Anke and I were in London a few weeks ago. Since I’ll be moving to the UK next year, I went over to scout out a few things, and stayed over the weekend for my birthday. All in all, I just behaved normally—looking at type and trying to take some pictures. The city was beautiful, and despite a weather forecast that predicted rain for each day of our trip, most days were mostly dry, if a bit on the dark side. I only managed to get out in the sun for three hours a day… four hours tops.
Like any metropole, London has a wealth of typographic treasures. The city wears its history on its sleeve, and helps codify the language of British lettering to boot. Early 20th century lettering examples—damn good ones at that—have entrenched themselves, and are unescapable. Thankfully, they are also pleasing to view. This is all, of course, impossible to photograph within the span of a few years, much less inside a few days. But it was fun to try anyway. Below are some of my favorites…
I liked Greenwich; it reminds me of the Naval Academy back home in Maryland. Instead of waiting to see the null meridian, I walked along the Thames and through the Old Royal Naval College. Its grand interiors are mostly trompe l’oeil cheaper to finish that way, I guess. The lettering switched between faux painted v-cut treatments and drop shadows. These each pre-date Photoshop filters by about 300 years.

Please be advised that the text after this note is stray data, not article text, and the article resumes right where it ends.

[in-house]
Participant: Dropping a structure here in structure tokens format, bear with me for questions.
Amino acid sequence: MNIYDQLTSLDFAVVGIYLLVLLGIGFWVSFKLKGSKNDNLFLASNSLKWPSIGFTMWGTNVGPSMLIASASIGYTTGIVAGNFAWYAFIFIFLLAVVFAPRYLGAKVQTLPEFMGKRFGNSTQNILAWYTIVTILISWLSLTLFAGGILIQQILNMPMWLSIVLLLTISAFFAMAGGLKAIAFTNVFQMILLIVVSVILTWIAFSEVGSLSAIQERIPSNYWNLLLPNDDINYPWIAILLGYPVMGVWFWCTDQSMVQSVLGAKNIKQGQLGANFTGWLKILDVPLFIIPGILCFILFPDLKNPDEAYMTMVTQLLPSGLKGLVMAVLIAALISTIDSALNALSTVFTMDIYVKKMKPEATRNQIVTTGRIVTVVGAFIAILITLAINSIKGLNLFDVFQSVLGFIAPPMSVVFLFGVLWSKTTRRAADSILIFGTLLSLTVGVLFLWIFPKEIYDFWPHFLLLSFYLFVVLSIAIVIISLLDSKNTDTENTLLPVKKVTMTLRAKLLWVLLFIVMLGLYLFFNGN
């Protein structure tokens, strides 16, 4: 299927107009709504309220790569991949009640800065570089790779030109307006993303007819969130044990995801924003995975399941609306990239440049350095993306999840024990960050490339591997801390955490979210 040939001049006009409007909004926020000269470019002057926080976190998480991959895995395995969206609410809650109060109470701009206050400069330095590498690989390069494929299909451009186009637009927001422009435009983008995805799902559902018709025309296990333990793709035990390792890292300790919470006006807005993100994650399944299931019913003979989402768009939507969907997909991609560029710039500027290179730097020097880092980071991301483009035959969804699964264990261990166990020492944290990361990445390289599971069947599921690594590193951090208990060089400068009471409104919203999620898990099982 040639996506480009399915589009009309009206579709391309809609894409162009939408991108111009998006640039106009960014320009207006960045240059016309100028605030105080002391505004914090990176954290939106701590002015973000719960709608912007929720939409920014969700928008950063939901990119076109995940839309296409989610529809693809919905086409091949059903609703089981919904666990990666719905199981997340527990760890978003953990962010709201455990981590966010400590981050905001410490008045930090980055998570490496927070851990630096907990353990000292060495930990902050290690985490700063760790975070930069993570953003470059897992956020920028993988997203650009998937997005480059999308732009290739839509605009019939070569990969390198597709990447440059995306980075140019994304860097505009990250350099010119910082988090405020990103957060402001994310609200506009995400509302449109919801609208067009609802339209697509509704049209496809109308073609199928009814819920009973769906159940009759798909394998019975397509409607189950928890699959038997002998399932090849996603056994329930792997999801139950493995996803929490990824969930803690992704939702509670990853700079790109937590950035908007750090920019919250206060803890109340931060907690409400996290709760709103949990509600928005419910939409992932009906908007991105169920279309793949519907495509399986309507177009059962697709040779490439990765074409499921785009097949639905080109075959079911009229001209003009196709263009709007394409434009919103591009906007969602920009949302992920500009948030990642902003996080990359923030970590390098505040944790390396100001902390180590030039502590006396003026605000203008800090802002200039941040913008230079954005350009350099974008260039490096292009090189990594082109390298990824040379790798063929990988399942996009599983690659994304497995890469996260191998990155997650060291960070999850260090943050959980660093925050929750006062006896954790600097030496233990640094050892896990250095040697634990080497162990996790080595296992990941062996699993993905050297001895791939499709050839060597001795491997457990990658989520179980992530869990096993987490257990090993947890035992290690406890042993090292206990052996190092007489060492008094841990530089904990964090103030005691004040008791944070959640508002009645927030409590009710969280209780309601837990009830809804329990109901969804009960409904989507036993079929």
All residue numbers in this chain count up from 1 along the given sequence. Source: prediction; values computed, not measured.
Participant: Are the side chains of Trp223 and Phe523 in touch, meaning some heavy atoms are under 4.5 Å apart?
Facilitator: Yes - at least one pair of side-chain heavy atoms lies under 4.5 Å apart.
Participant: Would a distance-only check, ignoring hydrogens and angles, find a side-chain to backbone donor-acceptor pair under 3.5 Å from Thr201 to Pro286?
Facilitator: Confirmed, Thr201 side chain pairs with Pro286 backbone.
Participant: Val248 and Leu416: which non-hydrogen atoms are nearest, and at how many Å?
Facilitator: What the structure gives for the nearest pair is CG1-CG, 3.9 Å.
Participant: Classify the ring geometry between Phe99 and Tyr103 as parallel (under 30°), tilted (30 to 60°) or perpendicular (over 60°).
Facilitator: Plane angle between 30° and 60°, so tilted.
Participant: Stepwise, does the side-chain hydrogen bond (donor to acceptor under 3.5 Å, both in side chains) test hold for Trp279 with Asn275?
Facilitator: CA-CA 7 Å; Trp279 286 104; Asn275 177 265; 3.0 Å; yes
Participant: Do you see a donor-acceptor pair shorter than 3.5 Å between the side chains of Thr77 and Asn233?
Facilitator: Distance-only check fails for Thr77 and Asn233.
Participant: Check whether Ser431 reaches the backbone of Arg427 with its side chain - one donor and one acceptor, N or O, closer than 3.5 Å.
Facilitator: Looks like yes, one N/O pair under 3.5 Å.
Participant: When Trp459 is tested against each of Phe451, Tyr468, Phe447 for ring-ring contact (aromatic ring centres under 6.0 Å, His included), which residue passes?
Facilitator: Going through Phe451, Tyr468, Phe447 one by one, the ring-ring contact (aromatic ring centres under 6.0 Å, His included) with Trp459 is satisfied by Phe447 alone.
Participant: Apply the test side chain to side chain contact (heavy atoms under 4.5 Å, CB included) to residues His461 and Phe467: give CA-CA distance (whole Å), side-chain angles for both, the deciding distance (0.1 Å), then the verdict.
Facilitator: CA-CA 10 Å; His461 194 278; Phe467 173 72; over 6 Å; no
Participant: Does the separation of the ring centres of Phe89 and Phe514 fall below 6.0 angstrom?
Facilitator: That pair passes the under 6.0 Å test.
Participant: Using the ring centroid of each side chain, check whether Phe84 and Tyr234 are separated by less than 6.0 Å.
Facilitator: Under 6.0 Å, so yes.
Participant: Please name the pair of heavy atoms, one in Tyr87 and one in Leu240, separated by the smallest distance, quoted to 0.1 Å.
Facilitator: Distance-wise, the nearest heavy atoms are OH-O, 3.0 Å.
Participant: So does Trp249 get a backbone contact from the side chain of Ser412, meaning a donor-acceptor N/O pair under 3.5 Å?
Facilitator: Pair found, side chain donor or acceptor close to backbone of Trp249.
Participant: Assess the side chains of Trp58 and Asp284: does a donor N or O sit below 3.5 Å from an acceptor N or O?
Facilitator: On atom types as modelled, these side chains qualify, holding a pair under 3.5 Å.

Many current recording artists have been using blackletter recently, either starting or reviving a trend. Snoop Dogg has used blackletter before. The last occurance was a bit more interesting than this straight Old English, but it is nice to see these types in contemporary use no matter what.
The London boroughs all seem to have their one style of street sign. This helps one navigate through the city on foot; you can always generally tell where you are just by the lettering style and composition.
Complete Photo Set at Flickr.